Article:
# Design-and-Implementation-of-a-High-Efficiency-On-Board-Battery-Charger-for-Electric-Vehicles-with-F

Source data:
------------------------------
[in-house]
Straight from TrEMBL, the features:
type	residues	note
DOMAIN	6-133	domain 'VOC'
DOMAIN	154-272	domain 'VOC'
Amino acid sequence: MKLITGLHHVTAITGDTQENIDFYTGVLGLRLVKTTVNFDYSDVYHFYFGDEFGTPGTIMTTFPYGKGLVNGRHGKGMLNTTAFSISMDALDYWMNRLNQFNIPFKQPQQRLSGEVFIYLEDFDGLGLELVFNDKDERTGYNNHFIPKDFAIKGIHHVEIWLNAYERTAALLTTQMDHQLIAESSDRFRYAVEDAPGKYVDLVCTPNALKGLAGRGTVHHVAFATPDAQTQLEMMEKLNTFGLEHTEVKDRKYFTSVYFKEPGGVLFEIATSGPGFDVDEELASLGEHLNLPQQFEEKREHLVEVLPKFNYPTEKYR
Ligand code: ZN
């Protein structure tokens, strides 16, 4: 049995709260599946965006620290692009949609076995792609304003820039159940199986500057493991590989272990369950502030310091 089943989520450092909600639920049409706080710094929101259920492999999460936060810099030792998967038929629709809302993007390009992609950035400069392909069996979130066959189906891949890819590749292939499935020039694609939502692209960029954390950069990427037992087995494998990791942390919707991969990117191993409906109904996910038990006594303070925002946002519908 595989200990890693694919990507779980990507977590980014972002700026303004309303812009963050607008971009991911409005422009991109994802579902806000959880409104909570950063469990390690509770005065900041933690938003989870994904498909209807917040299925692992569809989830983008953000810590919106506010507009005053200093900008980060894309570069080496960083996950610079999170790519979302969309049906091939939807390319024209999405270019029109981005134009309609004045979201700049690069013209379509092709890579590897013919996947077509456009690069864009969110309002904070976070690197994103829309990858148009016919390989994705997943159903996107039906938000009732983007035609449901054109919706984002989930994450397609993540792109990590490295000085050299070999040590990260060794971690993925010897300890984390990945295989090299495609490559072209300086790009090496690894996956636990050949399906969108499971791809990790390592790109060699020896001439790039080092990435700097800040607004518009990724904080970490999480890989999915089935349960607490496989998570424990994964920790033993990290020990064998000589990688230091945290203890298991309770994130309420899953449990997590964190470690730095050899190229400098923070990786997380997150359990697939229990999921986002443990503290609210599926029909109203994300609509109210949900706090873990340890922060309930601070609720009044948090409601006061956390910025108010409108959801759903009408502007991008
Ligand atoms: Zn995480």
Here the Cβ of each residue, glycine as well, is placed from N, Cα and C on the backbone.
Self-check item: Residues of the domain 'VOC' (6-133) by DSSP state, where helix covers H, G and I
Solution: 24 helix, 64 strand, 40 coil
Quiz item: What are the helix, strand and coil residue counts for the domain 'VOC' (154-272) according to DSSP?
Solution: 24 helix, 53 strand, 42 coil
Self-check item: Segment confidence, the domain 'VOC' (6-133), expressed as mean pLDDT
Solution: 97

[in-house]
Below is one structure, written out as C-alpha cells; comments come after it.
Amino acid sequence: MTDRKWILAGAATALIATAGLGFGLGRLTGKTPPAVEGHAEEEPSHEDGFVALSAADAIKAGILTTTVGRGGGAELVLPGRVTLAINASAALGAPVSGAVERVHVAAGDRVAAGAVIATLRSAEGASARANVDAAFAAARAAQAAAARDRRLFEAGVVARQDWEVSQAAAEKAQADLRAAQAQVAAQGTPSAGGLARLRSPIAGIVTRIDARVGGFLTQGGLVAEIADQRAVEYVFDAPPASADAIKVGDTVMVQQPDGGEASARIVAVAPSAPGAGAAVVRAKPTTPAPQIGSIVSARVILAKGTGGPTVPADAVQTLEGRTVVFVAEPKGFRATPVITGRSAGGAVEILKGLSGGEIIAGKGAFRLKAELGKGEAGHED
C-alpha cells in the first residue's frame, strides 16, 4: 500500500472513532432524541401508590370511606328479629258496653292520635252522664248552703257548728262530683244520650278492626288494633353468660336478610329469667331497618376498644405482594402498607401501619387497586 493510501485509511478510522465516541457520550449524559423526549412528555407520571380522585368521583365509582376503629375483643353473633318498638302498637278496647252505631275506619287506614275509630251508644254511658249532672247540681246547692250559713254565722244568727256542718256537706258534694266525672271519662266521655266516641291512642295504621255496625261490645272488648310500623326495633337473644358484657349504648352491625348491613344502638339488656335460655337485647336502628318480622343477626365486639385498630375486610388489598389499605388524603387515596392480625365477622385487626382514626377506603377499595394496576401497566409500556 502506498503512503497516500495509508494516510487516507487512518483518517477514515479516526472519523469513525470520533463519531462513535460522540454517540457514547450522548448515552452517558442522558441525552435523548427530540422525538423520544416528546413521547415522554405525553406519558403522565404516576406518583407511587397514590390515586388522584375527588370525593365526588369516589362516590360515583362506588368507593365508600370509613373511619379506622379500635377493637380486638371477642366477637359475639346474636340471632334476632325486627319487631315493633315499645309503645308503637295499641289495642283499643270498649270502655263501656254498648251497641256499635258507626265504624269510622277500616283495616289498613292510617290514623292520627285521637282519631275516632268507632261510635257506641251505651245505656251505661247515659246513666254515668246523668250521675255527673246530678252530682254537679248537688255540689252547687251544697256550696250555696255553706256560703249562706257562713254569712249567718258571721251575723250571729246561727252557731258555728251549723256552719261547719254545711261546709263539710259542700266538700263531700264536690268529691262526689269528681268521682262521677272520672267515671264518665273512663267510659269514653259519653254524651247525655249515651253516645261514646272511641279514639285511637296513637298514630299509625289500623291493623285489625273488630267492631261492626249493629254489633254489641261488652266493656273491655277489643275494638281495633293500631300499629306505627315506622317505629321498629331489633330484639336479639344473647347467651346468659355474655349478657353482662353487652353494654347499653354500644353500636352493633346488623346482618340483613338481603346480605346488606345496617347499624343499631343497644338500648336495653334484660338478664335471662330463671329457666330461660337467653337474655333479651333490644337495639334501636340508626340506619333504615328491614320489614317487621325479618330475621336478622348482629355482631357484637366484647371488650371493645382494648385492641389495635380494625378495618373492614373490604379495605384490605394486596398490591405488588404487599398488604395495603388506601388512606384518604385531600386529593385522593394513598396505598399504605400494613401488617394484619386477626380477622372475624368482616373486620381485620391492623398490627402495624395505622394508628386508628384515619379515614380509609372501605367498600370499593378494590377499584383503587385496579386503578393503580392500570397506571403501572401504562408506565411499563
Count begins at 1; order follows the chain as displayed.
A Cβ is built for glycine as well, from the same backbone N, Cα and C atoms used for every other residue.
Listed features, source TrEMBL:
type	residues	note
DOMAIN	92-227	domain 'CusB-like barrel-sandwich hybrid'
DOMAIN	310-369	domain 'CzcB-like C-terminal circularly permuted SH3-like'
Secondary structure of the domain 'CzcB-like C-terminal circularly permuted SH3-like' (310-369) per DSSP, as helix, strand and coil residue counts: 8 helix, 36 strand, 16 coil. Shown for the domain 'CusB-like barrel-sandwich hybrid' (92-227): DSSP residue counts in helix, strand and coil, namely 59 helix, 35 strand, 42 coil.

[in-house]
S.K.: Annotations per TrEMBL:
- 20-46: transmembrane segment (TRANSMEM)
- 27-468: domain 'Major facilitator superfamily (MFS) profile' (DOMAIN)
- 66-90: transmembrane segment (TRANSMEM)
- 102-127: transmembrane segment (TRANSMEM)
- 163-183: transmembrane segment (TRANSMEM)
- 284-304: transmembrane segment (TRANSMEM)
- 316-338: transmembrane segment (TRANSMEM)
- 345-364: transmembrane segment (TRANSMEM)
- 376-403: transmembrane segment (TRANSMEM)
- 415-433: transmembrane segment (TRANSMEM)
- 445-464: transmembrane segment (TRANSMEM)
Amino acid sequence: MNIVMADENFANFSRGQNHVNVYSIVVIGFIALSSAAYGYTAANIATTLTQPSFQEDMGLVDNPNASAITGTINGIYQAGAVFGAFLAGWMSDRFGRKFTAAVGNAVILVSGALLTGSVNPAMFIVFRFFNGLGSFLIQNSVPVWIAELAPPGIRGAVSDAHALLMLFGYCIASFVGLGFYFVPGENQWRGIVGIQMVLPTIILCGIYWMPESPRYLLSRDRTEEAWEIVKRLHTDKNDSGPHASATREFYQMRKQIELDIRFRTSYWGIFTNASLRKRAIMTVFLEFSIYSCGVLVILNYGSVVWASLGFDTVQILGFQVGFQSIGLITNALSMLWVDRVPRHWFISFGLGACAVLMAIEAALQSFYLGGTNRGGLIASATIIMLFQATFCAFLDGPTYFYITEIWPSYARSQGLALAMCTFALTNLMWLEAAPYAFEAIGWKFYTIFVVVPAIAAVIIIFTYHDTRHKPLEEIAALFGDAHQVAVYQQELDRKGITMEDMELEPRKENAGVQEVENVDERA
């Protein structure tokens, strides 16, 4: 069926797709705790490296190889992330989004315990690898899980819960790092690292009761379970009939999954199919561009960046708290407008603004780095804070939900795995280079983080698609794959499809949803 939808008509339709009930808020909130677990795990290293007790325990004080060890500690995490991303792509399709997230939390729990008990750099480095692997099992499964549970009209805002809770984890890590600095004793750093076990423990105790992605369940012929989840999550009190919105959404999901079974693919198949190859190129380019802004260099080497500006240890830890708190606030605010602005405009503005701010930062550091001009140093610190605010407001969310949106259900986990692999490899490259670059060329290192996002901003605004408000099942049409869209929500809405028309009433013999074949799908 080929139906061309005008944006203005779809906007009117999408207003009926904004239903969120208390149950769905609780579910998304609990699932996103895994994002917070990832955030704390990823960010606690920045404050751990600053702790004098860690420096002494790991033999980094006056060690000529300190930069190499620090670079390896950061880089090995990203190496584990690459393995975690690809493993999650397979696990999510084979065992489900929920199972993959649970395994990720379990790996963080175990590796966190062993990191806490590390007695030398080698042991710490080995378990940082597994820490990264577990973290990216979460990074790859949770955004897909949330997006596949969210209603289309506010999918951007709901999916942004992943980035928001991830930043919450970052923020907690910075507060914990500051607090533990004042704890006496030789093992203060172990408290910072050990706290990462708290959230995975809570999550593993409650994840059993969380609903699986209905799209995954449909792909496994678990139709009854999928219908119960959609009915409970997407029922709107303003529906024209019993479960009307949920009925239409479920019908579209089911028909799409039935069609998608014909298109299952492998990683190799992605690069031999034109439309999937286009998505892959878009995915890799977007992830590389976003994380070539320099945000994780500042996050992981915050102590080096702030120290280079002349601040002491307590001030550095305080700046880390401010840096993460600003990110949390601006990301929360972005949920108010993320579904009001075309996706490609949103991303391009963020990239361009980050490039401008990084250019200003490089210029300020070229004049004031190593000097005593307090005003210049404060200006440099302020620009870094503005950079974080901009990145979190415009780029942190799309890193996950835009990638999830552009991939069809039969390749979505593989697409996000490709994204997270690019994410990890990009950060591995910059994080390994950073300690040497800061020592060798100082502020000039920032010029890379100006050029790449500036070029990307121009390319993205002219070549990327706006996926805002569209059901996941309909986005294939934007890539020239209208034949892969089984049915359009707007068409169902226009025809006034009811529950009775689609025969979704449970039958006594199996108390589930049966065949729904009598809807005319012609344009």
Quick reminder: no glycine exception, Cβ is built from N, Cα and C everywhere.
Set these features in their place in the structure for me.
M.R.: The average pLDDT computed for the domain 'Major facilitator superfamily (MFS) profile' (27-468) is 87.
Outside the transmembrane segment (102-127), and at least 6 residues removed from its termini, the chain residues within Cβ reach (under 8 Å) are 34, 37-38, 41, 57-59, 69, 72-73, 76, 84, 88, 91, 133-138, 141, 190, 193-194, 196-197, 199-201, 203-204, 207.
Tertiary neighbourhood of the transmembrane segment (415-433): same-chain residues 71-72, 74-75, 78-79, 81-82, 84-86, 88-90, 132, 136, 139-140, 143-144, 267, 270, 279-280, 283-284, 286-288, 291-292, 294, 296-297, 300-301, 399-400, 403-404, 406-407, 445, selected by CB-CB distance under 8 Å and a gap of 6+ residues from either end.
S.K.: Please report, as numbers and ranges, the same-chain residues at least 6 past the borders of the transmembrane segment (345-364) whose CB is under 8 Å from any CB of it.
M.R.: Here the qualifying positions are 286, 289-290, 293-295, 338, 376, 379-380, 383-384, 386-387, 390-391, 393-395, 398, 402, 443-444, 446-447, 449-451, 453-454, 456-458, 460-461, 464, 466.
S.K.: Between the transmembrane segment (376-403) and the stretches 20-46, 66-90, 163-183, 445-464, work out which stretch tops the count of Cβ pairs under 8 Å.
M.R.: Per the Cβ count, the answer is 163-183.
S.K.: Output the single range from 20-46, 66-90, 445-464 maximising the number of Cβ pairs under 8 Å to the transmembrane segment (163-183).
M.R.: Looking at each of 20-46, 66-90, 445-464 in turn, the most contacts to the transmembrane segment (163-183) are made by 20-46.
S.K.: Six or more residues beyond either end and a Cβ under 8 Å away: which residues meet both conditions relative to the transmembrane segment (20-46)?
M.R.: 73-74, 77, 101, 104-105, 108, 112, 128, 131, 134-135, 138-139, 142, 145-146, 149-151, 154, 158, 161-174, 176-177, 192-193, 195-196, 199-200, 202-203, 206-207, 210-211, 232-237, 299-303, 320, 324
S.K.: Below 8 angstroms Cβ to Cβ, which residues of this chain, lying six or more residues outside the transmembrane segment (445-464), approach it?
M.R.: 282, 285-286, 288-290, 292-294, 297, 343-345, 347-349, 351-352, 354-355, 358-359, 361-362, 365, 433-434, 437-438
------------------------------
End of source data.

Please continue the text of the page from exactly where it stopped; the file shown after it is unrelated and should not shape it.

Design and Implementation of a High-Efficiency On-Board Battery Charger for Electric Vehicles with Frequency Control StrategyJong-Soo Kim, Gyu-Yeong Choe, Hye-Man Jung, Byoung-Kuk Lee Information and Communication Engineering SungKyunKwan University Suwon, Korea sniper75@skku.edu, lovesagaji@skku.edu, jungicarus@skku.edu, bkleeskku@skku.edu Young-Jin Cho, Kyu-Bum Han EVT Group, R FCEV; low frequency current ripple; fuel cell; driving condtion I. INTRODUCTION Some of major cities in the world such as Paris, London, Seoul and California, formulates a policy and encourages popularizing an eco-friendly vehicle, typically Electric Vehicles (EVs) and Plug-In Hybrid EVs (PHEVs). In order to speed up its commercial launching in the market, it is necessary to obtain a high-efficiency battery and its charger technology, which is the key power source of the vehicles. Among of various batteries, Nickel Metal Hydride (Ni-MH), Lithium-Ion (Li-Ion) and Li-Polymer batteries are mostly being used to have better energy density, efficiency, safety and cost, and the batteries performances are improving. For the battery charger, two different types of charger are considered, that is, a high speed battery charger with large-capacity (>50 kW) and a on-board battery charger (3.3 kW) that can be used in house electricity. Especially, an on-board battery charger has to be small and light in order to maximize energy efficiency and the distance covered per charging [1]. Therefore, a high frequency switching technique is required to reduce size of passive components, and to minimize switching losses caused by the high frequency switching, a various zero-voltage-switching (ZVS), zero-current-switching (ZCS) technology by using resonant characteristic, such as series-loaded, parallel-loaded, series and parallel-loaded, resonant-switch and etc., are usually considered [2],[3]. The battery charging algorithm point of view, various researches are performed to have better battery charging algorithm, for instance, Constant Voltage (CV), Constant Current (CC), CC-CV, power control and pulse injection method and so on, considering lifecycle, safety and efficiency of the batteries [4],[5]. In this paper, among of various resonant dc-dc converters, a series-loaded resonant full-bridge dc-dc converter that has benefit in charging for a Li-Ion of 20 Ah for EVs is adopted, and its design and implementation are described in details. In addition, a CC-CV dual-mode battery charging algorithm, which is optimized for Li-Ion battery, is realized by frequency control method by using resonant characteristic. The developed 3.3 kW on-board battery charger achieves 93 % of the maximum efficiency and a Power Factor Correction (PFC) composed by a single-phase rectifier bridge and boost converter reaches up to 0.995 of power factor. II. SYSTEM CONFIGURATION AND CONTROL STRATEGY A. System configuration and basic theory In order to obtain the small, light and high efficiency 3.3 kW on-board battery charger, series-loaded resonant dc-dc converter with full-bridge type is adopted. Entire system consists of EMI filter, diode rectifier, PFC and series-loaded resonant dc-dc converter with full-bridge as shown in Fig.1. The maximum power of charger reaches up to 3.3kW and this can be considered as a huge load similar with power restrictions of household in case of Korea. Therefore, a power factor of input current has to be compensated according to IEC1000-3-4 Class A regulation because the input current generates a huge harmonics when a simple diode rectifier is used. A boost converter is adopted in PFC in order to improve power factor of input current and to have regulation of output voltage. There are several ways to design PFC such as Boundary mode, Peak current control, DCM, CCM, and etc. In this paper, the Continuous Current Mode (CCM) is used which allows a smaller design in size by reducing input filter dependency and relatively low rms value of current.Fig. 2. Control block diagram of PFC. A control scheme for PFC with CCM is depicted in Fig. 2. A current reference is generated multiplying a voltage controller of outer-loop by an absolute value of input voltage shape. An inner-loop current controller generates pwm reference though comparing current reference and feedback value of inductor current. For a dc-dc converter, to reduce the size of 3.3 kW on-board charger intended for use in EVs, it is desirable to increase the operating frequency to reduce the size of passive components. For a consideration, to reduce an additional switching loss due to the increased switching frequency, we adopt a series-loaded resonant dc-dc converter. This converter has a series topological structure that consists of resonant inductor and capacitor, and load resistor. Fig. 3 shows an ac equivalent circuit and a resonant characteristic of the resonant converter [6],[7]. (a) Equivalent circuit of series-loaded resonant dc-dc converter (b) Gain characteristics according to Q-factor and switching frequency Fig. 3. AC equivalent circuit for series-loaded resonant dc-dc converter. An in-out gain of a series-loaded resonant dc-dc converter can be expressed by using the equation for a voltage divider between Z1and Z2. ⎥⎦⎤⎢⎣⎡−+=acCacLinoutRXRXjVV11(1) where, 2/8 πLacRR = . And, Q-factor is LrrRCLQ/= (2) Therefore, final converter gain being given by ⎥⎦⎤⎢⎣⎡−+=ωωωωπ002811QjVVinout(3) where, rrCL/10=ω As in eq. (3), the output voltage of the converter varies according to switching frequency and load condition. Thus, in case of battery charger application, we can achieve the desired output current and voltage through frequency control even though equivalent resistance of a battery is changed according to charging status. B. Frequency control scheme For charging algorithm, dual-modes charging strategy with a combination of CC and CV as shown in Fig. 4(a) to obtain more efficient Li-Ion battery charging is applied. A charging current reference (I*batt) is generated by voltage control of outer-loop, and inner-loop current controller controls charging current as shown in Fig. 4(b). When state-of-charge (SOC) of Li-Ion battery is low, the I*battis increased and operate in CC mode above a preset limiter value. When SOC is increasing, the I*battis decreased and the control algorithm changes to CV mode once the I*battgoes below Fig. 1. System configuration comprised of PFC and series-loaded resonant dc-dc converter of the developed 3.3kW battery charger. than the preset limiter value. The final PWM is a fixed-duty and variable frequency, and a switching frequency command is generated by output of the current controller. A determination of charging mode depends on battery management system (BMS) and characteristic curve of Li-Ion battery. III. DESIGN AND IMPLEMENTAION OF BATTERY CHARGER In this section, design and implementation of the developed 3.3 kW on-board battery charger are described in details. The first step for the system design, a resonant frequency of series-loaded resonant dc-dc converter is designed to fr=71.6 kHz (Lr=75 uH, Cr= 66 nF) by considering the size and switching losses of passive complements. In this condition, resonant characteristic is shown as Fig. 5(a). A controller is designed to perform an optimal frequency tracking control between fsw=80-130 kHz to have 250-410 V of output voltage that fits in Li-Ion battery characteristic. An output current and voltage is controlled by the proposed charging algorithm in accordance with switching frequency causing change of valid output energy density as shown in Fig. 5(b). The detail system parameters are listed in table I. TABLE I SYSTEM PARAMETERS Parameters Value [Unit] Rated Power 3.3 [kW] Input Voltage 100-277 (+/-10%) [Vrms] Output Voltage 250-410 (+/-2V) [Vdc] Resonant L & C 150 [uH] & 33 [nF] PCB Dimension 228x338 [mm] Output Current 10 (+/-10%) [A] Ripple Voltage < 25 [Vpp] Ripple Current < 10% from InominalSwitching Frequency 80-130 [kHz] Entire System Volume 5.84 [L] (a) Gain characteristic according to frequency and operation region. (b) Leg voltage and resonant current according to switching frequency. Fig. 5. Resonant characteristic curve and typical waveform. A. Design of active componnents A voltage rating of diode and MOSFET has to be designed considering the peak value across anode-cathode voltage of the diode and drain-source voltage of the MOSFET at turn-off. Moreover, if the blocking voltage of the power semiconductor switches gets over the reverse bias safety operation area (RBSOA), the switches are totally destroyed by thermal runaway due to avalanche effect. The RBSOA is reduced by stray inductance of a PCB patter or a connection wire as well as internal stray inductance of the switches. Thus, the voltage margin should be considered. However, too much margin brings out increase of conduction loss due to a gain in VF, Vce(sat), RDSon, etc. Consequently, diode and MOSFET 600 V class of are selected as follows: ⎟⎠⎞⎜⎝⎛+⋅≥dtdiLVkVstspprated(4) where, ppV is peak value, tsL is total stray inductance, and k is safety factor. A current rating of power semiconductor switches has to be designed to be not over generally 125℃ of junction temperature even overload or abnormal conditions. Thus, an accurate calculation or simulation of power dissipation considering thermal management system inevitably needs to (a) Battery charging strategy according to SOC with frequency control. (b) Optimal frequency tracking scheme Fig. 4. Control scheme for battery charging. find junction temperature of the switches. The power dissipation of a MOSFET being given by fwCosscondswTOTPPPPP +++= (5) Switching loss is given by ⎥⎥⎦⎤⎢⎢⎣⎡⎟⎠⎞⎜⎝⎛⋅+⎟⎟⎠⎞⎜⎜⎝⎛⋅=∫∫dttVtIdttVtIfPDSttDDSttDswswoffononoff)()()()( (6) where, rondonttt +=)(and, foffdoffttt +=)(Conduction loss can be expressed by onDSonDcondDRIP2= (7) The loss due to parasitic output capacitance is 22swinossCossfVCP = (8) And body diode loss during freewheeling mode can derive as follows: offFfwfwDVIP = (9) Based on calculation results of power dissipation, MOSFETs of 90 A and 50 A classes are selected for PFC and dc-dc converter, respectively, considering low RDSon, Eon, Eoff, and Coss. A gate driver has to provide a current capability for fast turn-on and turn-off of a MOSFET. Thus, we design a gate driver of 4 Apeakcurrent capability from gate charge of MOSFET and applied gate-source voltage. In addition, a gate resistor is selected considering optimal point between switching loss and transient characteristic. The peak current and average current of a drive IC are as follows: ggspeakgRVI =,(10) swgavggfQI =,(11) where, gsV is gate-source voltage and gR is gate resistance. B. Design of magnetics A core for PFC is used High Flux core, which has soft saturation and good thermal characteristics, because of wide variation of inductor current compare with a resonant dc-dc converter. The core used for PFC inductor has cross section area of 0.678 cm2, nominal inductance of 56 nH/N2, and permeability of 125 µ . A core for series-loaded resonant dc-dc converter is adopted a Ferrite core of PQ5050 type, which has good frequency characteristic, high saturation flux density, constant dc bias characteristic, and high permeability, taking into account a stability of frequency control. A high frequency transformer is designed with a Ferrite core of EE7066 type, and its turn ratio is 19:26 considering in-out specification. An area product for selection of the core is ][1.11242010431.131.14cmBfkPfBkkkPAAtintputinEWΔ=⎟⎟⎠⎞⎜⎜⎝⎛Δ= (12) where, η/oinPP = 1/,,==rmspdcintIIk : topology factor 4.0/'==wwuAAk : window utilization factor 41.0/'==wppAAk : primary area factor 165.0==putkkkk tf is transformer operating frequency Especially, in case of a Feritte core, it has minimal core loss at about 90℃ of core temperature. To obtain high efficiency, optimal design and thermal management were thus performed. Polypropylene capacitor with metal-foil electrodes has good characteristic for high frequency, so that we select it for resonant capacitor. C. Design of themal management system The design target of a thermal management system is also maintaining below 125℃ of the junction temperature for the power semiconductor devices. The power dissipation of a power semiconductor is electrically equivalent to a current source. Fig. 6 indicates an equivalent thermal model for one MOSFET consisting of one switch and one body diode [8]. The maximum junction temperatures of MOSFET and body diode at continuous operation are given by: ∑∑++=MOSFETthjhthhaambMOSFETvjPRPRTT,(13) ∑∑++=FWDthjhthhaambFWDvjPRPRTT,(14) Fig. 6. equivalent thermal model. RectifierPFC MOSFETDc-dc MOSFETDc-dc DiodeHFTRPFC DiodeTamb = 25℃(a) Simulation result for thermal distribution of the heatsink. Fan operating points(b) Operating characteristic of fan and air fluid analysis. Fig. 7. Simulation and analysis results for thermal characteristics of heatsink. The simulation result of thermal distribution of the heatsink and analysis result of air fluid with a fan are performed using IcePack of thermal design program, and these are shown in Figs. 7(a) and (b). As results of a calculation and a simulation of power dissipation, a MOSFET for PFC having serious loss is placed the nearest fan, which has an abundant air fluid. The highest temperature on the heatsink is about 64.5℃ under 25℃ of ambient temperature. Considering 60℃ of ambient temperature, the junction temperature of the MOSFET for PFC is limited to under 125℃. D. Design of digital controller A digital controller of DSP 320F28335 from TI is used for entire system control and charging current control. The main clock of the DSP is set with 150MHz, so that we can get a frequency control resolution of 69.3 Hz / step. And a battery has extremely low dynamics. Therefore, we can control the charging voltage and current using digital controller without the help of any analog circuit. E. Hardware realization A 3D mechanical design was performed for an accurate hardware design. To realize more small and effective radiation of heat, heatsink and case are designed with all-in-one. Figs. 8(a) and (b) show the mechanical 3D drawing and the realized battery charger. IV. EXPERIMENT RESULT The performance test of the developed battery charger was carried out with an ac power supply of 6 kW and an electronic load of 3.6 kW. The measurement of the efficiency, power factor, voltage and current was used power analyzer WT3000, and temperature was measured by MV2000. The entire experiment setup is shown in Fig. 9. Top Sink & Cooling FanBase SinkPower Board &Control Board(a) 3D design of 3.3kW on-board battery charger for EVs . Pre-Charging Circuit & E M I F ilte rPFC Controller& In terfaceH eatsink & FanPFCHigh Frequency Transform erResonant TankD SP Core and In